The City Council has spent hundreds of millions of dollars in reserve funds to balance the city budget in recent years. How would you balance the budget without relying on one-time revenues? Should the city raise taxes? Please specify three areas in which you would cut city spending and estimate how much money would be saved.
You wouldn’t sell your watch to pay the water bill or pay your mortgage with a credit card. But that is what our City Council has been doing. By kicking the can down the road and mortgaging our future they are derelict in their legislative and fiduciary duty. By structuring services unsustainably, underfunding pensions and inserting clout at every intersection, elected officials created a structural deficit. To rid ourselves of this structural deficit, I will demand we address expenses before turning to taxpayers for additional revenue. To achieve this goal, we must implement zero-based budgeting for every department. Department heads must eliminate department budget surpluses and justify every line item. Here are three immediate cuts I would propose: - Immediately implement the savings/cuts outlined by IG Ferguson: $83 million in savings - Identify all Shakman exempt positions and immediately institute a 10% pay reduction: millions of dollars in savings - Reduce City Council expenses –reduce salaries to $60k, eliminate pension benefits and cut aldermanic expense accounts to $50k: $4.1 million in savings
Chicago’s four employee pension funds have a total unfunded liability of $14.57 billion. All four funds could run out of money by 2030. What steps do you recommend to make those funds solvent? Would you support higher contributions from employees? Higher retirement ages? Reduced benefits for future or current employees?
We cannot take benefits away from current employees or retirees because our elected officials failed to do their job. But before we address pensions, we must address the budget deficit. After we do that, we will have earned the trust from the public and pensioners. We can then have a discussion about pension obligation bonds, additional taxes and other revenue sources to fund pensions. Simultaneously, we must create a new benefits system. The current pension system is not sustainable over the long-term. If we maintain our current course, the system will be forced into bankruptcy. I will introduce an ordinance that will prevent pension fund bankruptcies and restructure the entire pension system for sustainability. The following will be enacted for all new employees: The components outlined below would be phased in over a 20 year period. - Increase retirement ages to 67 - Decrease benefits - Increase employee contributions - Offer a private sector 401k program as an alternative to new defined benefit program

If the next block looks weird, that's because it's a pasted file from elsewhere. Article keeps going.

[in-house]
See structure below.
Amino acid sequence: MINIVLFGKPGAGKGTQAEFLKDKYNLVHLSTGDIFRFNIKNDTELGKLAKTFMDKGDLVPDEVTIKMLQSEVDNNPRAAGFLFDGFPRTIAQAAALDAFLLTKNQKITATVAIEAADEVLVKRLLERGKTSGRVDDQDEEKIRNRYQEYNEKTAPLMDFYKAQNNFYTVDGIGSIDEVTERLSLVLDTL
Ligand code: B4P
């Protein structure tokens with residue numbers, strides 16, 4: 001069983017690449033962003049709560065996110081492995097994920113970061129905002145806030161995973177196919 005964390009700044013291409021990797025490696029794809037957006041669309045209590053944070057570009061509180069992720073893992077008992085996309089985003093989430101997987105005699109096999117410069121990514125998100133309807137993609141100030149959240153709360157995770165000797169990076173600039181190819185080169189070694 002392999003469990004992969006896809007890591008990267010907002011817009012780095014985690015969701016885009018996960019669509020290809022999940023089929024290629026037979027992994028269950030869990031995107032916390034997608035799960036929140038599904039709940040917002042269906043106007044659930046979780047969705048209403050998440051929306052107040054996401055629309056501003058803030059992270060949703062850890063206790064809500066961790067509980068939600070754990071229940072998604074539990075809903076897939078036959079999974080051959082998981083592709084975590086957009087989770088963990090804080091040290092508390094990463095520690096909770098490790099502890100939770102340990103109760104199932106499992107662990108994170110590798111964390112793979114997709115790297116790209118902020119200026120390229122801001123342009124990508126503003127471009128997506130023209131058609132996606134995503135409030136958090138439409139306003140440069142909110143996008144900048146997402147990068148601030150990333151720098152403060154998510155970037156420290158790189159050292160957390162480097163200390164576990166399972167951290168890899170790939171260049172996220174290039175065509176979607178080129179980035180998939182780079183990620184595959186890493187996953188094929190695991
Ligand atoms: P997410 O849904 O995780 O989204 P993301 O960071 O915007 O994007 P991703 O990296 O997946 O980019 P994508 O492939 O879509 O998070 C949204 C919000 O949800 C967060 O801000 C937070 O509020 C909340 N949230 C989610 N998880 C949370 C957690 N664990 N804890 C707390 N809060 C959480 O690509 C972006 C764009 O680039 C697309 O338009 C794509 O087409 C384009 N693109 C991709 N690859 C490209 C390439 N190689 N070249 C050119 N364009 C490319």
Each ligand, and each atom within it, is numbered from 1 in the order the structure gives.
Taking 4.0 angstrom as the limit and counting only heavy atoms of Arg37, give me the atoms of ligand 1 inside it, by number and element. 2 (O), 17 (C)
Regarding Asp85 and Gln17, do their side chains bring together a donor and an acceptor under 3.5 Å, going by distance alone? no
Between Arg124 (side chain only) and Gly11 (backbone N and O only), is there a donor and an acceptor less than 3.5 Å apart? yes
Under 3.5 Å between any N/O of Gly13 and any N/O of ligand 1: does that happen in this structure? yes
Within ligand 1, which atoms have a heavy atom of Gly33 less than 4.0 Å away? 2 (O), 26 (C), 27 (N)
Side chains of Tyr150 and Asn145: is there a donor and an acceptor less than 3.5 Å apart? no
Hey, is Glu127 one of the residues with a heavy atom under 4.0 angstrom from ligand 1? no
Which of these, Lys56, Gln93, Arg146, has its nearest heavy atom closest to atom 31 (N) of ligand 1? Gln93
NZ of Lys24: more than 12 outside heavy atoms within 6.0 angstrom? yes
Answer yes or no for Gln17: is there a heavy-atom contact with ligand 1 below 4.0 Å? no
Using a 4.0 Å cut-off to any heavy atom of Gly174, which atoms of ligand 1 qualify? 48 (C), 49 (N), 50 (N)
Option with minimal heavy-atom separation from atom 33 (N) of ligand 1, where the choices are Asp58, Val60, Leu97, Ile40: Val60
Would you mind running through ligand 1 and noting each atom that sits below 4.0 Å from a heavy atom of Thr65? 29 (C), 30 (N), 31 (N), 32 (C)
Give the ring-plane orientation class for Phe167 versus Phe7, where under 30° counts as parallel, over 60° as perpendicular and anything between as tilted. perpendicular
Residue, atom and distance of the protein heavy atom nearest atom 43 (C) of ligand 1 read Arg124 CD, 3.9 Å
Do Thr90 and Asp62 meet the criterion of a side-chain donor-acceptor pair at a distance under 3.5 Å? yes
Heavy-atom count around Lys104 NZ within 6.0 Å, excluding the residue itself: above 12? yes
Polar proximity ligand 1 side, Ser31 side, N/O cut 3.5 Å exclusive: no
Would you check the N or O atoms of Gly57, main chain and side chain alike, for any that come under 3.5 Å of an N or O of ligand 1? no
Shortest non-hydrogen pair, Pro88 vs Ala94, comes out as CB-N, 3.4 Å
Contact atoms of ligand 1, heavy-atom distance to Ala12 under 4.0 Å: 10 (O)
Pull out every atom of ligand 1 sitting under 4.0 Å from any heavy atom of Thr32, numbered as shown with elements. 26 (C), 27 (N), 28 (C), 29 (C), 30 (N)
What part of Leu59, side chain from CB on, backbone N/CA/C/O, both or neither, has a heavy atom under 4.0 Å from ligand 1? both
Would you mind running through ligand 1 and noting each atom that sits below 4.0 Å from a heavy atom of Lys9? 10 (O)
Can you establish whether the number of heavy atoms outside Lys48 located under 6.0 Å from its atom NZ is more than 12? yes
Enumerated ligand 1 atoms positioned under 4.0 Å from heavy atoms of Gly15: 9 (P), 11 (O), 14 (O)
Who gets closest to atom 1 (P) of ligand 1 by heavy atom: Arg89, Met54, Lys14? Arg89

Should more city services be operated under contract by private companies? Should city facilities such as Midway Airport be leased for private operation?
I will vote NO to leasing/selling water services. I will vote NO to leasing/selling other assets until the City does the following: - Establish long-term reserve fund - Create formal asset lease fund withdrawal policy - Adopt Civic Federation policy on asset lease fund use - Requires 60 days of public input prior to any lease or sale. The terms of the deal must be available online with mechanism for public comment - Requires public hearing in every ward 15 days prior to City Council vote on asset lease/sale - Requires specific project plans for use of money; if there is no plan the money is deposited into escrow and can only be accessed for specific projects via ordinance - Prohibits the use of funds for budget deficits or on-going operations
Chicago’s tax increment financing districts raise about $500 million a year, which is spent outside of the normal city budgeting process and largely at the discretion of the mayor. Do you believe the money has been spent wisely and responsibly? Should the City Council and/or the public play a larger role in deciding how TIF money is spent? Should the city reduce the number of TIF districts?